He put on speed as he came up to the left of Zizi Rahav’s embattled vehicle and landed with a thud in the ditch, injuring some of the passengers. Had he gone to the right of Rahav, he would have missed the ditch, gone on to Antonius House and the men could then have engaged Arabs who were firing at the convoy from a house across the street.
Now the two Haganah cars were stuck at the head of the convoy. Close behind was Yassky’s ambulance, its tires shot out, standing breadth-wise across the road where it was protected by the two Haganah cars just ahead. About fifty yards behind were the two buses. They were the most open to attack from both sides of the road. One attempt to extricate the buses was made by a British friend of the Haganah .
Major Jack Churchill, of the Highland Light Infantry, drove an open-fronted armored car to the scene on his one initiative and was about to put a towline on one of the buses when his driver was killed by a bullet in the neck. Churchill pulled in the tow and drove out of the area, but before doing so, banged on one bus and shouted to the occupants to risk getting out and returning with him. He later reported they had refused to do so.
By early afternoon the two buses were sieves. Only one man from each vehicle survived. Shalom Nissan, a university student, jumped when the Arabs began lobbing grenades at his stricken bus. Miraculously, he dodged the rain of fire and ran all the way to Mount Scopus where has was to provide the first on-scene account of events.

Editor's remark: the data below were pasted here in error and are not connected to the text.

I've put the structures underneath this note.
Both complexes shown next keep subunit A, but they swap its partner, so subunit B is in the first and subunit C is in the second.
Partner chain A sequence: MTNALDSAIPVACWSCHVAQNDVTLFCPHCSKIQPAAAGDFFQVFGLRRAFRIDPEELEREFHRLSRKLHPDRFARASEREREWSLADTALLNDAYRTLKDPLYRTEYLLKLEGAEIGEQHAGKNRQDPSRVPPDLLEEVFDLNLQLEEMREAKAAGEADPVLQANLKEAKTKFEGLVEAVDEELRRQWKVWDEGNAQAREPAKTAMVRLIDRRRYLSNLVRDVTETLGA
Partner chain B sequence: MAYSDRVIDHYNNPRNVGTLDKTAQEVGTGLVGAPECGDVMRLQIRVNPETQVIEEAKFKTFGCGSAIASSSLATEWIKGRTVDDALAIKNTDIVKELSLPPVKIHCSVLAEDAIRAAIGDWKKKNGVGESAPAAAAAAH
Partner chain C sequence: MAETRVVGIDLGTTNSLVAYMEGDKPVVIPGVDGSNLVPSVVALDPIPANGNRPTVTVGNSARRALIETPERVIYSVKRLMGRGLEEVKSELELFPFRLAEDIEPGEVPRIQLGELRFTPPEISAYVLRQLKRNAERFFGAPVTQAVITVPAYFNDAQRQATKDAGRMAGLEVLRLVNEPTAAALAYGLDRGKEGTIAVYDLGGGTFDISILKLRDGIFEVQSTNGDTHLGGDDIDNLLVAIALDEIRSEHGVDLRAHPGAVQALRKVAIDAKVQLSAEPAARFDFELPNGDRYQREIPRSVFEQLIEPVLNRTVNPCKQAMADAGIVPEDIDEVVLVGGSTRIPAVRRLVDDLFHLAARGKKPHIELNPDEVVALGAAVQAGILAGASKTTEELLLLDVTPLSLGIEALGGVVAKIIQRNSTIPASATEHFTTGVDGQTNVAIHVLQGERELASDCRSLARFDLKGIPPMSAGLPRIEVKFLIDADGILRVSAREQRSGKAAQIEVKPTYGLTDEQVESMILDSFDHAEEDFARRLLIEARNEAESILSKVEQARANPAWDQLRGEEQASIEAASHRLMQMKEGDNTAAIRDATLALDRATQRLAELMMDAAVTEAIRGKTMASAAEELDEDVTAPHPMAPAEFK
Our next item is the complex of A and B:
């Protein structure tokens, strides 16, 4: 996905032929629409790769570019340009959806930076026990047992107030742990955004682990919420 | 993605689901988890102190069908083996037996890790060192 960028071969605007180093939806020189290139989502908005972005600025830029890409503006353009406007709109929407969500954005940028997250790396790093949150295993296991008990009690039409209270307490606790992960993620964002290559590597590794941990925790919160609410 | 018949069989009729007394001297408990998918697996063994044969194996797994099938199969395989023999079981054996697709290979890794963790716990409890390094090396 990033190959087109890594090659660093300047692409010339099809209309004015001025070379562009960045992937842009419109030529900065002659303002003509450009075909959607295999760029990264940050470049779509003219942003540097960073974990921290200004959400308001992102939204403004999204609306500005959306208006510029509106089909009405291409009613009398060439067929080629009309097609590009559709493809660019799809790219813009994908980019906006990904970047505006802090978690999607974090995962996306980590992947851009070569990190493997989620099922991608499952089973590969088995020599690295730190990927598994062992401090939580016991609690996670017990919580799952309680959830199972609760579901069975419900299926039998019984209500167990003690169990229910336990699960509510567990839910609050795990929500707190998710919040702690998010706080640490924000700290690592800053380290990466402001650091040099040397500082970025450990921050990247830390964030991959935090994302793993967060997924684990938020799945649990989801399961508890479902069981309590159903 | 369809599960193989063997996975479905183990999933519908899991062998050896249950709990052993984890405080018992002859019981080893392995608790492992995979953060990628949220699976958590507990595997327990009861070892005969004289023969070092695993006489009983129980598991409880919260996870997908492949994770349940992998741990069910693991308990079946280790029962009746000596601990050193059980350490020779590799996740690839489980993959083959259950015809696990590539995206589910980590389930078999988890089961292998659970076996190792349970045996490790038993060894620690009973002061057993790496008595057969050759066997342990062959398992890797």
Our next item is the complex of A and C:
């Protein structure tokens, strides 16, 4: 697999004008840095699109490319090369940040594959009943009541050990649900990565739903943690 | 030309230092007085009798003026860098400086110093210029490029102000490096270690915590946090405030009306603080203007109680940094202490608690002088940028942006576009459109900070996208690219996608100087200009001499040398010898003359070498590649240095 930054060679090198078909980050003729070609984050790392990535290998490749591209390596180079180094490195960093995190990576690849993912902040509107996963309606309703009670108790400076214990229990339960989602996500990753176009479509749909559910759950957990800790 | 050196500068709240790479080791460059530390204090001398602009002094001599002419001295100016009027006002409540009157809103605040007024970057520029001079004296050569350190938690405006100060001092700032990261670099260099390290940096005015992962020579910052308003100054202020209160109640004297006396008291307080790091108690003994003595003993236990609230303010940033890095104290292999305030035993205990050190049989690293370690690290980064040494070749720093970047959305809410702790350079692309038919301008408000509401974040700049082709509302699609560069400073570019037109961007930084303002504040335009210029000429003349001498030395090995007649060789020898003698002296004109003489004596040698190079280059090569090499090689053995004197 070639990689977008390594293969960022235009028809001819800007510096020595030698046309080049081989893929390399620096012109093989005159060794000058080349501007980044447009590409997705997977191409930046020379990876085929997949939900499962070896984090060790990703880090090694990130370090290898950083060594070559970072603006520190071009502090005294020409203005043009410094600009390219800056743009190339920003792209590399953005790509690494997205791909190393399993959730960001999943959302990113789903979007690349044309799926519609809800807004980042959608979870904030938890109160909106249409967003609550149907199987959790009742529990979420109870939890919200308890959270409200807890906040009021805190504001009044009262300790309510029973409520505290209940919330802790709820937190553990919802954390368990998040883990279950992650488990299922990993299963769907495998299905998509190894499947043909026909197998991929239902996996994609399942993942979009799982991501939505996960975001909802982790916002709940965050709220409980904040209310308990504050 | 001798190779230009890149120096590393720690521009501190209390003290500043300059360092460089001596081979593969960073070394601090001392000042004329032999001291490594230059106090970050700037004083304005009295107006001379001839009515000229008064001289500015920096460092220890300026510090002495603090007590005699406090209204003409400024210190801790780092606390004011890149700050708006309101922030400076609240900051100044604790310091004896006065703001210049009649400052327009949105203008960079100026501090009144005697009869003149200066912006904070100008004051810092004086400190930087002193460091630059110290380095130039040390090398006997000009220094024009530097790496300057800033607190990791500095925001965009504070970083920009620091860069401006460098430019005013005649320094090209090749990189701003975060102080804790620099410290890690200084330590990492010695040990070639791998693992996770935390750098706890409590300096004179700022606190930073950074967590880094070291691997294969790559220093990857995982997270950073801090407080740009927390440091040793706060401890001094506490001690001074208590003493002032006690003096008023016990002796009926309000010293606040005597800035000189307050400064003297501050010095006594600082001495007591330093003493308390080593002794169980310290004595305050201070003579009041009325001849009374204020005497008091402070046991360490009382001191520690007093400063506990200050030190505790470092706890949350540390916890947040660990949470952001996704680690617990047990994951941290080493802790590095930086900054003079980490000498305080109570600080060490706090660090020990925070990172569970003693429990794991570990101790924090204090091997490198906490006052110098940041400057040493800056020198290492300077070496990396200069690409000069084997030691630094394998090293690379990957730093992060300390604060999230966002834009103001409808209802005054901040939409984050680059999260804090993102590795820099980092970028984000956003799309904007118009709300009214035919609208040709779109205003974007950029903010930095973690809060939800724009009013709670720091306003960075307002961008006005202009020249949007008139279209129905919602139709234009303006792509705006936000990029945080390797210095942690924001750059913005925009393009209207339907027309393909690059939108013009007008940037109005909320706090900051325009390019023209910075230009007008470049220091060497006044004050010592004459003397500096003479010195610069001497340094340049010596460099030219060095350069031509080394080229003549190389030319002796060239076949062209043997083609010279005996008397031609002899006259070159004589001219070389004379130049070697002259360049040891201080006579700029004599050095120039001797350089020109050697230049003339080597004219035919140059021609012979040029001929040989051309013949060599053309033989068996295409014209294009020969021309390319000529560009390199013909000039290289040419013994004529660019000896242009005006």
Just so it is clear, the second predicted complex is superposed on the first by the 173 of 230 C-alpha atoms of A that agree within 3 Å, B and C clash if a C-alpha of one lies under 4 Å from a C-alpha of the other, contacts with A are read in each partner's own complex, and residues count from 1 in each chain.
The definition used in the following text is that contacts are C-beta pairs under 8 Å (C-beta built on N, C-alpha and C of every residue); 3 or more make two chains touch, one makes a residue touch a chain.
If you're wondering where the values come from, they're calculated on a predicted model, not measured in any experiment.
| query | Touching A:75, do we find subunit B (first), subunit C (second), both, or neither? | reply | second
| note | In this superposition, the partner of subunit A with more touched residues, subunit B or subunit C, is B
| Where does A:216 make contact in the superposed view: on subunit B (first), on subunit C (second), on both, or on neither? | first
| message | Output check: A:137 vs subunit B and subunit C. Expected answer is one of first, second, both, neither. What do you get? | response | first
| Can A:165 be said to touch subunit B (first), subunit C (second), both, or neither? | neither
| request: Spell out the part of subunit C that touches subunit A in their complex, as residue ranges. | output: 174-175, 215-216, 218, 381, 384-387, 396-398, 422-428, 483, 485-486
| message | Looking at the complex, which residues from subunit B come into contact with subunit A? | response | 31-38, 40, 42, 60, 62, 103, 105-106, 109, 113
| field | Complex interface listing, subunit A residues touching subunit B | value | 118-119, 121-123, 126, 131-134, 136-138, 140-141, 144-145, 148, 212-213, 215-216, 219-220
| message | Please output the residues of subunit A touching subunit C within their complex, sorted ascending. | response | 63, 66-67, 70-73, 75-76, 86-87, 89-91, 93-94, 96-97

In the other bus was a guard, Nathan Sandowsky, who told a ghastly story that has since been verified. Nathan said that the driver was wounded from the initial fire and lost control. The second driver was lightly wounded but froze from fear and could not function. The bus had three lookouts inside. One was Nathan. Another was D. Avraham Freiman, lecturer in Jewish Law, and a third was university employee Zev Mariasin.
From inside the buses, Arabs shouting “Minshan Deir Yassin” (For Deir Yassin) could be heard clearly over and over again. Nathan reported that the arrival of Gilboa’s armored car caused rejoicing in the bus. “We saw that our people were at last coming. But the Arabs derived courage from the fact that the police and army cars which passed did not raise a finger.” From the early hours on, bullets found their marks. Gas fumes began to seep in as the Arabs made ready to burn the bus. Molotov cocktails were being thrown. Some of the unhurt passengers tried to make a dash to safety. But the Arabs, only a few yards away, picked them off as they jumped out. As four men ran, a girl in the bus cried, “They are being killed.” Nathan deliberated: